When You’re Dead, You’re Dead. Get Over it

Yes, I know I’m being callous here. I know I don’t understand the ramifications of my insensitivities. I know this family has every right to do with a body as they will, and my words have no ability to change that.

But I can’t help rolling my eyes.

I literally thought they burned his soul.

Really. It’s just his body. In fact, I bet you have thousands of photographs that you can look at. Photographs of your husband alive. Smiling. Crying. Yelling in white hot anger at the dog who just pooped on his new shoes. Laughing at something the grandkids did. Sure, you don’t get to touch the creepy dead skin, holding the hand of a lifeless pile of cells, preservation chemicals sloshing throughout the body cavities. But burned his soul? Seriously?

You didn’t get to say your last goodbye. You didn’t get to hold him again one last time. Our daughters didn’t get to, our families didn’t get to, and we were very close.

Yes you did. The last time he was alive. Saying goodbye to a dead guy is…I don’t know.

The family ended up burying Tony’s remains. His ashes were placed in a coffin, which is about a quarter mile from their family farm.

As you would have, his lifeless body. He’s in the ground now. It’s just taking up more space than it otherwise would have. Seriously, a gravestone is just a place to come pay homage to the dead, if you’re into that sort of thing. You don’t even need one grain of the ex-living to be buried there.

They want to be compensated for the mistake but said they don’t have a specific dollar figure to refer to at this point, and so far, no court dates have been set.

I can’t even. And they’ll get money too.

Hey Mayo and the funeral home: Do a better job next time. Don’t mix up the body. Apparently people care.

Update 4/5/2016 10:05 AM CST:

My bride read this and commented, proving I am a callous old codge. Her statement is actually really good:

“Yes you did. The last time he was alive. Saying goodbye to a dead guy is…I don’t know”

The last time they said goodbye was never supposed to be a permanent goodbye. Saying goodbye to the body is extremely healing because it allows you to no longer look to that body as what you have of that person but instead to the memories. When I said “goodbye” to Grandpa’s body in January it gave me a chance to memorize his face so that when I have memories of him I can picture his face smiling at me with his plaid flannel shirt on because that is the way I saw him last and I memorized that.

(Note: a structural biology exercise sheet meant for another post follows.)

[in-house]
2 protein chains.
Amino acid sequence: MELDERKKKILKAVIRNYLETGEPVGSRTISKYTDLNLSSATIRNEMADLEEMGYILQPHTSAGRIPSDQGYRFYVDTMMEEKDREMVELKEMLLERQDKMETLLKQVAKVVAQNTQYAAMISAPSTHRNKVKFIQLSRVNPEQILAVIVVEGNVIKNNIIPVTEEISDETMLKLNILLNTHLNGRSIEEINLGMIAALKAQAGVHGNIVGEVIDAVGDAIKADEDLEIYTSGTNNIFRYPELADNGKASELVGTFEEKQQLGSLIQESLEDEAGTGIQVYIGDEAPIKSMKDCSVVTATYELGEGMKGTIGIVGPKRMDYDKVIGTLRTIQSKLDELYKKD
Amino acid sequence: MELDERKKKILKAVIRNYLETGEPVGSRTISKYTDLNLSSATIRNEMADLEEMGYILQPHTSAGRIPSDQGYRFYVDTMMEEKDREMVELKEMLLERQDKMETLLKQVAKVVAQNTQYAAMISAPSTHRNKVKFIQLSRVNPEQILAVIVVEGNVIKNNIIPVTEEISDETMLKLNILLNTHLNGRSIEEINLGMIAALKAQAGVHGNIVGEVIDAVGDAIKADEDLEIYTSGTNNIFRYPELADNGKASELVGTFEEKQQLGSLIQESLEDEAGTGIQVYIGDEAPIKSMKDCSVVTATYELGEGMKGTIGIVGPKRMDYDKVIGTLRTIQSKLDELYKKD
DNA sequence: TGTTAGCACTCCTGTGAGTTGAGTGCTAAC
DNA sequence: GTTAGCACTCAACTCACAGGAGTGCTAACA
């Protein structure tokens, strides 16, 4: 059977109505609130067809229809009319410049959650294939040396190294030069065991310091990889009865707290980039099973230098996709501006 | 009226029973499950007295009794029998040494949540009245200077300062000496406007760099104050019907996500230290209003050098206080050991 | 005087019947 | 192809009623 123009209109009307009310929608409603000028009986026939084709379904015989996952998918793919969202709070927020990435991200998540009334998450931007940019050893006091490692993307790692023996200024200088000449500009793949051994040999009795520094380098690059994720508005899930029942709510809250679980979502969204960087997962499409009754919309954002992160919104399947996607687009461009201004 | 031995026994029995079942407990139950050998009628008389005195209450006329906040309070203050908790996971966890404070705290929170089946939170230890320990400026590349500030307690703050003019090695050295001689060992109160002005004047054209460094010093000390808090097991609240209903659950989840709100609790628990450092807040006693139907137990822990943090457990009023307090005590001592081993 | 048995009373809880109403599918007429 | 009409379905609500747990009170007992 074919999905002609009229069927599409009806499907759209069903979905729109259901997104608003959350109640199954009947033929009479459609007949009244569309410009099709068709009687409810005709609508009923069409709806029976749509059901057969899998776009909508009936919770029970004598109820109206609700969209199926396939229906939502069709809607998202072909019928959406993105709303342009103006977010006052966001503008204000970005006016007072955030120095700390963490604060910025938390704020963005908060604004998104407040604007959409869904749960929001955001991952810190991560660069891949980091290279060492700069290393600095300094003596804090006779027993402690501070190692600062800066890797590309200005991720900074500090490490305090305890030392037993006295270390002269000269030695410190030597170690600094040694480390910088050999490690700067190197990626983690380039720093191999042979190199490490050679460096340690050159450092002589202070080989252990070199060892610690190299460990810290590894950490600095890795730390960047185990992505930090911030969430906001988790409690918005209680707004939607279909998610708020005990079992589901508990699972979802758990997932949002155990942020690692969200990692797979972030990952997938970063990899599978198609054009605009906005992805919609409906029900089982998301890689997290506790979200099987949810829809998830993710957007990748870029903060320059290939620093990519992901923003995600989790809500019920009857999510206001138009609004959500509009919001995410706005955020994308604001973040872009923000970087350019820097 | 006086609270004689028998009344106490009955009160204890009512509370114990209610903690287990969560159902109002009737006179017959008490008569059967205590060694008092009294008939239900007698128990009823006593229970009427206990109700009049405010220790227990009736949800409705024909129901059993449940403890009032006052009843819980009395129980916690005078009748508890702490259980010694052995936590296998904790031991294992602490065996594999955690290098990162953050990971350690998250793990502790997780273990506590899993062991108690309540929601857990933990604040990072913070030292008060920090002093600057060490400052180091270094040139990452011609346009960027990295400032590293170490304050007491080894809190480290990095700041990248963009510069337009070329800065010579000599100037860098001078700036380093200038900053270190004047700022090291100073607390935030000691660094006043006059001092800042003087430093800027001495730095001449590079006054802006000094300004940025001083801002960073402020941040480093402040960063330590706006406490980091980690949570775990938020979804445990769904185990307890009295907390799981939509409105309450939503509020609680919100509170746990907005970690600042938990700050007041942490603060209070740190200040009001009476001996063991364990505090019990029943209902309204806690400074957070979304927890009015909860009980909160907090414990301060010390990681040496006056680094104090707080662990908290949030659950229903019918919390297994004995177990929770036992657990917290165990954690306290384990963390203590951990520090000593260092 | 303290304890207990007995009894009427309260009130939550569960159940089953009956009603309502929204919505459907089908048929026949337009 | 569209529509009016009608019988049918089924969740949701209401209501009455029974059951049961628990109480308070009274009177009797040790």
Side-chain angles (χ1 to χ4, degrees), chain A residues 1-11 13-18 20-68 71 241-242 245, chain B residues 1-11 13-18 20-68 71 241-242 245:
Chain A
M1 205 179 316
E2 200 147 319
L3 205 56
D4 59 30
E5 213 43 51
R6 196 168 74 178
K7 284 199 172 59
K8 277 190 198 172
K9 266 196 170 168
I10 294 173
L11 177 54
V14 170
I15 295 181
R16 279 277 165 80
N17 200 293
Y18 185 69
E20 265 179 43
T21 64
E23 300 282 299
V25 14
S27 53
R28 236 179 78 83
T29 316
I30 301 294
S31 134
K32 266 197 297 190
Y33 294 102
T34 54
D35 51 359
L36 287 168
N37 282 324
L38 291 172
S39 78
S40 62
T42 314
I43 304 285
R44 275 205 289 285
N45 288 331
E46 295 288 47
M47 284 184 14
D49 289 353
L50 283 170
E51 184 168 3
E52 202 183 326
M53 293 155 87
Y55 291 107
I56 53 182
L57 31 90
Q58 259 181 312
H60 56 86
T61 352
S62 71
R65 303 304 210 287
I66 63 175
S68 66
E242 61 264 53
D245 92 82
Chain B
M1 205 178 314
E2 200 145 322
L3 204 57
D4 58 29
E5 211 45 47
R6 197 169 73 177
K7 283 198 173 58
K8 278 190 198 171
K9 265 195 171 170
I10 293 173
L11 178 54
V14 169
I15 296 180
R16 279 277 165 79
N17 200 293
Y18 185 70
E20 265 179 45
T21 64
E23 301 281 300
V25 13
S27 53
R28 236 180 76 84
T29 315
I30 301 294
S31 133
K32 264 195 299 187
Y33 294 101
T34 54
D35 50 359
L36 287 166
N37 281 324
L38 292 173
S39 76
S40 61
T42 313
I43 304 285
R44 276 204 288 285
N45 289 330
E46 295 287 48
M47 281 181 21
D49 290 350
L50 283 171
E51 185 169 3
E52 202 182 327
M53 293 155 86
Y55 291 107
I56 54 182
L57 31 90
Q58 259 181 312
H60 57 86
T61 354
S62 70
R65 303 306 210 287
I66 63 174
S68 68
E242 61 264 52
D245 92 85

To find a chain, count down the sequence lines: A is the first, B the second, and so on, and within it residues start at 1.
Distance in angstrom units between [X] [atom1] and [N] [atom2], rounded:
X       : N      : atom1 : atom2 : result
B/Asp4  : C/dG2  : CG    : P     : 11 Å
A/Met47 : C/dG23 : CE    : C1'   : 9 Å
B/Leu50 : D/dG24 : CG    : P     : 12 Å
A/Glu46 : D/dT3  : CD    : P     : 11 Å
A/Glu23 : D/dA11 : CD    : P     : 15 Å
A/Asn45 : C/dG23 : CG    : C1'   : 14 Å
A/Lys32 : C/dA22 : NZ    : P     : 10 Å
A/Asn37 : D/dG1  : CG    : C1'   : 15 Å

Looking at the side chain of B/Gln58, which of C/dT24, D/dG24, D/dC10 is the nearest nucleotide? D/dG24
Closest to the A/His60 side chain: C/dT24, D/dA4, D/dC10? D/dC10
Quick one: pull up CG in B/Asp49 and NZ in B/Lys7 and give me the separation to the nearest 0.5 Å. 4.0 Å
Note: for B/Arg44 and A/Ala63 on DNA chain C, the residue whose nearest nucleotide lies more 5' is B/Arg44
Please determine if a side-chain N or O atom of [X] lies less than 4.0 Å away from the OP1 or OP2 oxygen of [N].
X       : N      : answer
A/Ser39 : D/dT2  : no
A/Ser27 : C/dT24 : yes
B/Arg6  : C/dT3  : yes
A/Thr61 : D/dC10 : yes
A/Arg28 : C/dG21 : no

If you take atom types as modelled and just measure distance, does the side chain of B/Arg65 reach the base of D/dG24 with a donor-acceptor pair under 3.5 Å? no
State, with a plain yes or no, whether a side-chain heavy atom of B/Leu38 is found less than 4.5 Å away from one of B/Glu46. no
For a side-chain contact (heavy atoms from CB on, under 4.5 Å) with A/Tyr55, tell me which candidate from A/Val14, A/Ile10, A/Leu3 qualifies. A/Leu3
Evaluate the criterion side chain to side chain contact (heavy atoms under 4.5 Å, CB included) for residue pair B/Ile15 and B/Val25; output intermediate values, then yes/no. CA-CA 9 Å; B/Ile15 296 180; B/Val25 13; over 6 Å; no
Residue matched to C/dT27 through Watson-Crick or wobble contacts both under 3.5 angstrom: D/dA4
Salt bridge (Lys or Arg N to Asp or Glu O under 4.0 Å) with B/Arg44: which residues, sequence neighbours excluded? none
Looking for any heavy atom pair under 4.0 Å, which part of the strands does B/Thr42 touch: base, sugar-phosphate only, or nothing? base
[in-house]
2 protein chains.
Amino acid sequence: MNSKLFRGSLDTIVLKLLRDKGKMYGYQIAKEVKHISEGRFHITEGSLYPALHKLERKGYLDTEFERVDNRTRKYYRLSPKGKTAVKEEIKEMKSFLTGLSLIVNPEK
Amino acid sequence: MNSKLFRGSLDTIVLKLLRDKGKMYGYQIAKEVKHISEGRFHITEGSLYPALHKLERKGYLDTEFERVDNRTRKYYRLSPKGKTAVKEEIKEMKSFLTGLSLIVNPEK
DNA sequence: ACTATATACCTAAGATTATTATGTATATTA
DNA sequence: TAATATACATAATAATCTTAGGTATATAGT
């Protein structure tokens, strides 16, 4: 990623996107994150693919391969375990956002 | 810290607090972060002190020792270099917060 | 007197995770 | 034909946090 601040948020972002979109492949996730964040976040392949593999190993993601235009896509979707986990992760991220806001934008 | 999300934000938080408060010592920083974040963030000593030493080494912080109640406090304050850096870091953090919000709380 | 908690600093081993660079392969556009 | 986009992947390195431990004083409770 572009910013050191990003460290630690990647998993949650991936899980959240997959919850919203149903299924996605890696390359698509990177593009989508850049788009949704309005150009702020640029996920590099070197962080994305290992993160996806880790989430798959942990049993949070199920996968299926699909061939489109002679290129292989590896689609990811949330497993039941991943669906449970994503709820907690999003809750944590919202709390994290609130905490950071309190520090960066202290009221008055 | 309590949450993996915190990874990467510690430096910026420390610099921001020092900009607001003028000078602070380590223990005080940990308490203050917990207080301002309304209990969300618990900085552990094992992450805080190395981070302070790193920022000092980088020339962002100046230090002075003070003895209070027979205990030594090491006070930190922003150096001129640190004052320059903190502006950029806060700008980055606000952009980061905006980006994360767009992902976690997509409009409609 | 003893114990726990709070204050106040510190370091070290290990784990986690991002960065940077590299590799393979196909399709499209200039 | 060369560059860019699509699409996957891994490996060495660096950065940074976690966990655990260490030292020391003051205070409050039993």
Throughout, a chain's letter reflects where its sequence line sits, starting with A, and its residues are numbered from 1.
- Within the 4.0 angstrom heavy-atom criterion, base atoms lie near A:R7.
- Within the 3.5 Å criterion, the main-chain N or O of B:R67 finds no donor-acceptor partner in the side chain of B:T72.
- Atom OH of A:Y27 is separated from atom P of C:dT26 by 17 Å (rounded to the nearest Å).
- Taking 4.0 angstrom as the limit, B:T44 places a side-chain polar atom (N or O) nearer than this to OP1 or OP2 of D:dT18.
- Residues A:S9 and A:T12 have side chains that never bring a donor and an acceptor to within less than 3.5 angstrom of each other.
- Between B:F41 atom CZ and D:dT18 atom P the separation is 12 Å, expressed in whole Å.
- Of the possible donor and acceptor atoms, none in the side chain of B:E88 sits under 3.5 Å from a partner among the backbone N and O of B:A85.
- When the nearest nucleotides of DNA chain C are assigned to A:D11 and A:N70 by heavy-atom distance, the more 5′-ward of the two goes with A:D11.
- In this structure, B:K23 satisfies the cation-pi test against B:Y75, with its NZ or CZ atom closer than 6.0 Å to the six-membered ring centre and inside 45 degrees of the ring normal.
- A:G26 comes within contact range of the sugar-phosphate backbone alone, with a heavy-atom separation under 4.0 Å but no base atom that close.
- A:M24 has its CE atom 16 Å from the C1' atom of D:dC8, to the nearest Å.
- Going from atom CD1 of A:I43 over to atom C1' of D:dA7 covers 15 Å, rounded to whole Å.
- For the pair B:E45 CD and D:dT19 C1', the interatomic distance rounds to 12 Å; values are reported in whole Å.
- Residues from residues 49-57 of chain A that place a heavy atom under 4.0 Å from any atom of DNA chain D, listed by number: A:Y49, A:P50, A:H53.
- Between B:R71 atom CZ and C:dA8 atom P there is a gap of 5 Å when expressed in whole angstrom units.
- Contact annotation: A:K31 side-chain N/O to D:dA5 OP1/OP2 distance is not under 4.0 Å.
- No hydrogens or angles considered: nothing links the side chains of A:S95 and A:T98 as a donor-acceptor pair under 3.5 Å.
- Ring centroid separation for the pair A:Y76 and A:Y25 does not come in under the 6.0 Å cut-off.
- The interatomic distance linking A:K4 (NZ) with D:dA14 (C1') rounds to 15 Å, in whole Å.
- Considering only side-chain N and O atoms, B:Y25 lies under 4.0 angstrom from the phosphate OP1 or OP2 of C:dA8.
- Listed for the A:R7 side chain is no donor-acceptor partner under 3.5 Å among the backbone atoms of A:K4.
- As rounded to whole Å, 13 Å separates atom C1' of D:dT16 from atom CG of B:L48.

Saying goodbye to a dead guy can be extremely healing and helps the memories bring comfort for many.

I agree with both of us.

Bring me coffee, hold the cream – unless you’re my father-in-law


Those of you who have been reading my words since the inception of Incongruous Circumspection, those of you who encouraged me to begin writing my thoughts on the virtual page, those of you who have, over the years, shared with me your stories of abuse, allowing me to expose those who hurt you so deeply, those of you who have worked your ass off, trying to get me to realize the error of my atheist ways, yes….even you, welcome. New readers, hello!

As has been my tradition, I will continue to expose my dear Mama and her lovely narcissistic letters to me and my family. I will still be accepting stories of abuse, whether it be sexual, spiritual, mental, physical, abuses of power, or any other sort of abuse that ends up hurting my readers, and needs to be exposed.

I will be writing personal letters to commenters who try to win me back to the bosom of Christ. I’ve checked. His bosom is rock hard and full of dust-caked sweat. It’s really not that great. Also, his blood tastes like blood, not wine. And, news flash, the last time I tried to get a carpet stain out of my pearly white Berber, it didn’t leave the rug as white as snow. Sorry.

I’ll be doing what I do best, as well – writing puff pieces about the chaos of my own home. Every time my kids yell at me and tell me I’m an idiot, you will know. Of course, I’ll spice it up to make me look like the good guy and they, gooder.  My bride, as ambitious, beautiful, brilliant, and successful as she is, will grace these pages as often as she allows. I love that woman and you will see it.

I hate those who hurt others. They will not be spared my ire. I love those who care for others. They will be praised here.

And I like craft beer (for sipping) and good coffee. I add cream to bad coffee. That is, all bad coffee, except my father-in-law’s. He makes the most vile coffee this side of the Mississippi, and yet I made the social faux pas of declaring it “the best damn coffee, this side of the Mississippi,” when I was but a stupid newlywed. I’ve been paying for that compliment ever since, having not the heart or the ovaries to tell him the truth. Then again, after 15-years, maybe I kinda like it in a self-flagellation sort of way.

In short, welcome.